IDEAS home Printed from
   My bibliography  Save this article

Dividend signalling in the UK market


  • Mahmoud Al-Kilani
  • Alan Griffiths
  • Philip Hardwick
  • Stuart Wall


The main aim of this paper is to examine the relationship between changes in dividend payout, earnings and share price movement, and to evaluate the joint effects of earnings and dividend changes. Managers of a firm usually have more information about the firm's prospects than its shareholders; for example, they may know of deals about to be struck or of new senior appointments about to be made. Since this information cannot be openly communicated, managers may try to 'signal' the improved future prospects of the firm - and hence its increased value - through dividend payouts. The so-called dividend signalling hypothesis, which captures this mechanism, suggests that the market reacts to dividend increases in a positive fashion and therefore firms will have higher share prices because of such higher dividends. This paper attempts to provide a clearer theoretical understanding of dividend signalling by considering 234 non-financial UK PLCs over the period 1995 to 2006 using panel data and random effects regression models. The findings suggest firstly, dividend and earnings increases move in the same direction, as do share prices (in both the current and following year). Secondly, dividend payouts contain some information about earnings, although this link is confined to the current year. Finally, only marginal support is found for the dividend signalling hypothesis with earnings providing a stronger signal than dividends.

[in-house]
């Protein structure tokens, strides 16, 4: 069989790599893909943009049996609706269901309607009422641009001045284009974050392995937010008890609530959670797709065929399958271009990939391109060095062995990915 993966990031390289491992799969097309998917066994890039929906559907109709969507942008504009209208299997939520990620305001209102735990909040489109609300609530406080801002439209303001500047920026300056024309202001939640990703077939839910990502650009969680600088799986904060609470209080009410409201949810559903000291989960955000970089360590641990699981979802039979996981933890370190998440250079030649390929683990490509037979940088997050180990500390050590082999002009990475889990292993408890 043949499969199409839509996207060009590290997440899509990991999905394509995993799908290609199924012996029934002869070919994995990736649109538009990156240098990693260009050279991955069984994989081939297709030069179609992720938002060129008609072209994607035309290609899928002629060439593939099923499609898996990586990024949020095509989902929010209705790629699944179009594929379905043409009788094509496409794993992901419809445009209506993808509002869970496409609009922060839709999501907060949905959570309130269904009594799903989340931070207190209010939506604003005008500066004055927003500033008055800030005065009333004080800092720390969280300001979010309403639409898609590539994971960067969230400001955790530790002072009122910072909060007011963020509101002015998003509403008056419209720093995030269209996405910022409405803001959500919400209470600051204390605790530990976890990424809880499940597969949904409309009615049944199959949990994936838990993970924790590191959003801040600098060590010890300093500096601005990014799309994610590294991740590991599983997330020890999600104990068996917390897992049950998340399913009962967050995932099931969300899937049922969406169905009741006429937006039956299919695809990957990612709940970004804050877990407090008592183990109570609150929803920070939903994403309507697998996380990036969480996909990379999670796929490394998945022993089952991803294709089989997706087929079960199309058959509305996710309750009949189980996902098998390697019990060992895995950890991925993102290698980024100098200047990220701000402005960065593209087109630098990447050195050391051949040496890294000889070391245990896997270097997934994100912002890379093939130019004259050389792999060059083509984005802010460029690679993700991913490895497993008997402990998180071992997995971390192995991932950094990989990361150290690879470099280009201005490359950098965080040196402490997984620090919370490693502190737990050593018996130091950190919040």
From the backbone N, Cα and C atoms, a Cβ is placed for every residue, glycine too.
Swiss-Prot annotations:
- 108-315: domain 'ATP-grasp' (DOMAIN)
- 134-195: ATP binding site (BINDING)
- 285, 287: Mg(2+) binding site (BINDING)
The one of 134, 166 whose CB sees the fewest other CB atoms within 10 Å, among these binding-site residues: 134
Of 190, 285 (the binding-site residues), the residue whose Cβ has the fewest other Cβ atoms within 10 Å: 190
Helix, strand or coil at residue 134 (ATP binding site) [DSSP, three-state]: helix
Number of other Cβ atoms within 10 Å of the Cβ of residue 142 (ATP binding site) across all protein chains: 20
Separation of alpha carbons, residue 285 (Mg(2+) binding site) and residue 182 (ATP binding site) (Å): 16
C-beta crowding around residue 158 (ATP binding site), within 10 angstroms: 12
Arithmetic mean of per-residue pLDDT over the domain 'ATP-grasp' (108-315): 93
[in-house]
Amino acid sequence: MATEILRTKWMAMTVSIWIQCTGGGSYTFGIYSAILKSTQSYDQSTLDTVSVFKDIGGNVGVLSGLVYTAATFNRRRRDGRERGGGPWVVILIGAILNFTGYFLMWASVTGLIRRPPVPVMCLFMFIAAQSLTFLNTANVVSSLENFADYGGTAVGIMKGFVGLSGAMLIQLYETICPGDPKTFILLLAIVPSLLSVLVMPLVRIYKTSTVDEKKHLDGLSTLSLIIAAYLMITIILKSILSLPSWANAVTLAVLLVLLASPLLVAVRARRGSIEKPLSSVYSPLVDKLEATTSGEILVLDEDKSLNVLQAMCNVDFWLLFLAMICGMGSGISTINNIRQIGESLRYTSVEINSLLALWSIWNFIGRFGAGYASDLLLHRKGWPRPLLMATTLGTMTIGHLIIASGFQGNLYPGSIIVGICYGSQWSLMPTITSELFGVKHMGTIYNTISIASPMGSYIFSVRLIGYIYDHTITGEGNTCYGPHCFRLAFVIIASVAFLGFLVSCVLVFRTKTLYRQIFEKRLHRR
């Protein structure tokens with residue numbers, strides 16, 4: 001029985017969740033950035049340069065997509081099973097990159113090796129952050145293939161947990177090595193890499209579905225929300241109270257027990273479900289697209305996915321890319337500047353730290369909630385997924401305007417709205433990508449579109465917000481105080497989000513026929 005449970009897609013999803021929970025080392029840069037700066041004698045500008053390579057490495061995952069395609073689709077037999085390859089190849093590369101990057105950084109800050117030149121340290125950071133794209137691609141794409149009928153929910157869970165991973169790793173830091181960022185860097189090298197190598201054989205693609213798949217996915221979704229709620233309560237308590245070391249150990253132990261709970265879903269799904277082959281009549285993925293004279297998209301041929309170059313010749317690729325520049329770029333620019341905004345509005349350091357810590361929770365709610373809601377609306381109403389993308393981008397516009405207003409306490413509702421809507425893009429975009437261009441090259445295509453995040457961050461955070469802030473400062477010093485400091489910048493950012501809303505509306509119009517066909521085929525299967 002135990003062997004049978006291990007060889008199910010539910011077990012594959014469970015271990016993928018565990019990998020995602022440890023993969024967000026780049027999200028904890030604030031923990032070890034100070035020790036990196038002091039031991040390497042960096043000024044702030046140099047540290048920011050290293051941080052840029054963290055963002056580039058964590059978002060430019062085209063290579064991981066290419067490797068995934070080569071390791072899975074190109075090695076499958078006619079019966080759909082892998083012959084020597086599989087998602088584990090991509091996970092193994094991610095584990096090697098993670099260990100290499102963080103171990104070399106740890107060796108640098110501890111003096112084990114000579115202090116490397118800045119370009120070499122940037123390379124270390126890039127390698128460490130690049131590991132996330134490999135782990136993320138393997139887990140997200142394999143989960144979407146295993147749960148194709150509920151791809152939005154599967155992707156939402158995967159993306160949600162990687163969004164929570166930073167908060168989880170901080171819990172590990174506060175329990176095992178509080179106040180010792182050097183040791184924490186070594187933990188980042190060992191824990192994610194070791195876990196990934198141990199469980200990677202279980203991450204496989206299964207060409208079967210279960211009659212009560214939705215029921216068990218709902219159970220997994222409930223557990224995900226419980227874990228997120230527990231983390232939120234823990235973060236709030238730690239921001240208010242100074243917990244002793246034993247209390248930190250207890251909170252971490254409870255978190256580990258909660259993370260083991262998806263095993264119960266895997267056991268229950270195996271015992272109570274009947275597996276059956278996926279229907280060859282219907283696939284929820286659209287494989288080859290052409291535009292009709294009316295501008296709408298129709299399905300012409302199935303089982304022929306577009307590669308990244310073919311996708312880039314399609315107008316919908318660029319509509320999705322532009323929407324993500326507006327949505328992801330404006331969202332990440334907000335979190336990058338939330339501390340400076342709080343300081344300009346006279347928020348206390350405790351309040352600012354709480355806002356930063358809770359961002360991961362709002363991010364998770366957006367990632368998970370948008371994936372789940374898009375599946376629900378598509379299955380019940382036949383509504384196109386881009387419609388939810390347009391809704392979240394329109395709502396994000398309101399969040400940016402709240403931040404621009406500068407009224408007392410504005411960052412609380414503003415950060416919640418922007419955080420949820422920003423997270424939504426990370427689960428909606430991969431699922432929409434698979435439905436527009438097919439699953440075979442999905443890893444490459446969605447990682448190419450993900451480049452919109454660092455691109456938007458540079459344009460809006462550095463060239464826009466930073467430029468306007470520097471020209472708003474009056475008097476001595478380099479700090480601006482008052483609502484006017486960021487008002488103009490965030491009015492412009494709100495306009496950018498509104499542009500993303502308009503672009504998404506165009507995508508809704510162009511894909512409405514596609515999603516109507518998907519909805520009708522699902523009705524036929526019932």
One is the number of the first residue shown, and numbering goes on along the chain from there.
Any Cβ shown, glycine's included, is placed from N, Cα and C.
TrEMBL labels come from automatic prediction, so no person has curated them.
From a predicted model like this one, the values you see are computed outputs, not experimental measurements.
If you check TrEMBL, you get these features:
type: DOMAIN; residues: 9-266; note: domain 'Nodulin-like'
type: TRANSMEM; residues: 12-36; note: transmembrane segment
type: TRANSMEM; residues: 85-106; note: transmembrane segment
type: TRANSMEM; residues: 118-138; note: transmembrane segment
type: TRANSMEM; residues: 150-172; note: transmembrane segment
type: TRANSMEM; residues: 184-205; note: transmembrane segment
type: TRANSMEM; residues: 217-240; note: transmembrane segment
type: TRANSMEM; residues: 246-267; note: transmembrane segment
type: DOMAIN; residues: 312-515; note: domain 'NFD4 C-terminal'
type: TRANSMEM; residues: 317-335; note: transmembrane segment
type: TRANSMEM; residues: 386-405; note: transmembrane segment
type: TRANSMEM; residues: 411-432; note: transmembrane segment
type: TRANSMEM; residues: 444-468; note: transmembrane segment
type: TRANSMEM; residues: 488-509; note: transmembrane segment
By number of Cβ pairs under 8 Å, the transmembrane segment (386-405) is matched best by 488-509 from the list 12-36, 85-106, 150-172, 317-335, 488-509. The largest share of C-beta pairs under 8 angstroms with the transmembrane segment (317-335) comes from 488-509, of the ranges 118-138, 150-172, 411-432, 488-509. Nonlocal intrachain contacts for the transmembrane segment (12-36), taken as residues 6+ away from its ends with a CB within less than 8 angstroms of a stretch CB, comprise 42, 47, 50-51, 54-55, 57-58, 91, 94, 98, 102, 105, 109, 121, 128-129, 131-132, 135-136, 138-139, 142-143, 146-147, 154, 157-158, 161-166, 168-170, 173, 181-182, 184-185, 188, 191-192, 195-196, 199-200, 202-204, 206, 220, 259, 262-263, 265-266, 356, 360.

Suggested Citation

  • Mahmoud Al-Kilani & Alan Griffiths & Philip Hardwick & Stuart Wall, 2012. "Dividend signalling in the UK market," International Journal of Banking, Accounting and Finance, Inderscience Enterprises Ltd, vol. 4(4), pages 294-314.
  • Handle: RePEc:ids:injbaf:v:4:y:2012:i:4:p:294-314

    Download full text from publisher

    File URL:
    Download Restriction: Access to full text is restricted to subscribers.

    As the access to this document is restricted, you may want to search for a different version of it.


    All material on this site has been provided by the respective publishers and authors. You can help correct errors and omissions. When requesting a correction, please mention this item's handle: RePEc:ids:injbaf:v:4:y:2012:i:4:p:294-314. See general information about how to correct material in RePEc.

    For technical questions regarding this item, or to correct its authors, title, abstract, bibliographic or download information, contact: (Darren Simpson). General contact details of provider: .

    If you have authored this item and are not yet registered with RePEc, we encourage you to do it here. This allows to link your profile to this item. It also allows you to accept potential citations to this item that we are uncertain about.

    We have no references for this item. You can help adding them by using this form .

    If you know of missing items citing this one, you can help us creating those links by adding the relevant references in the same way as above, for each refering item. If you are a registered author of this item, you may also want to check the "citations" tab in your RePEc Author Service profile, as there may be some citations waiting for confirmation.

    Please note that corrections may take a couple of weeks to filter through the various RePEc services.

    IDEAS is a RePEc service hosted by the Research Division of the Federal Reserve Bank of St. Louis . RePEc uses bibliographic data supplied by the respective publishers.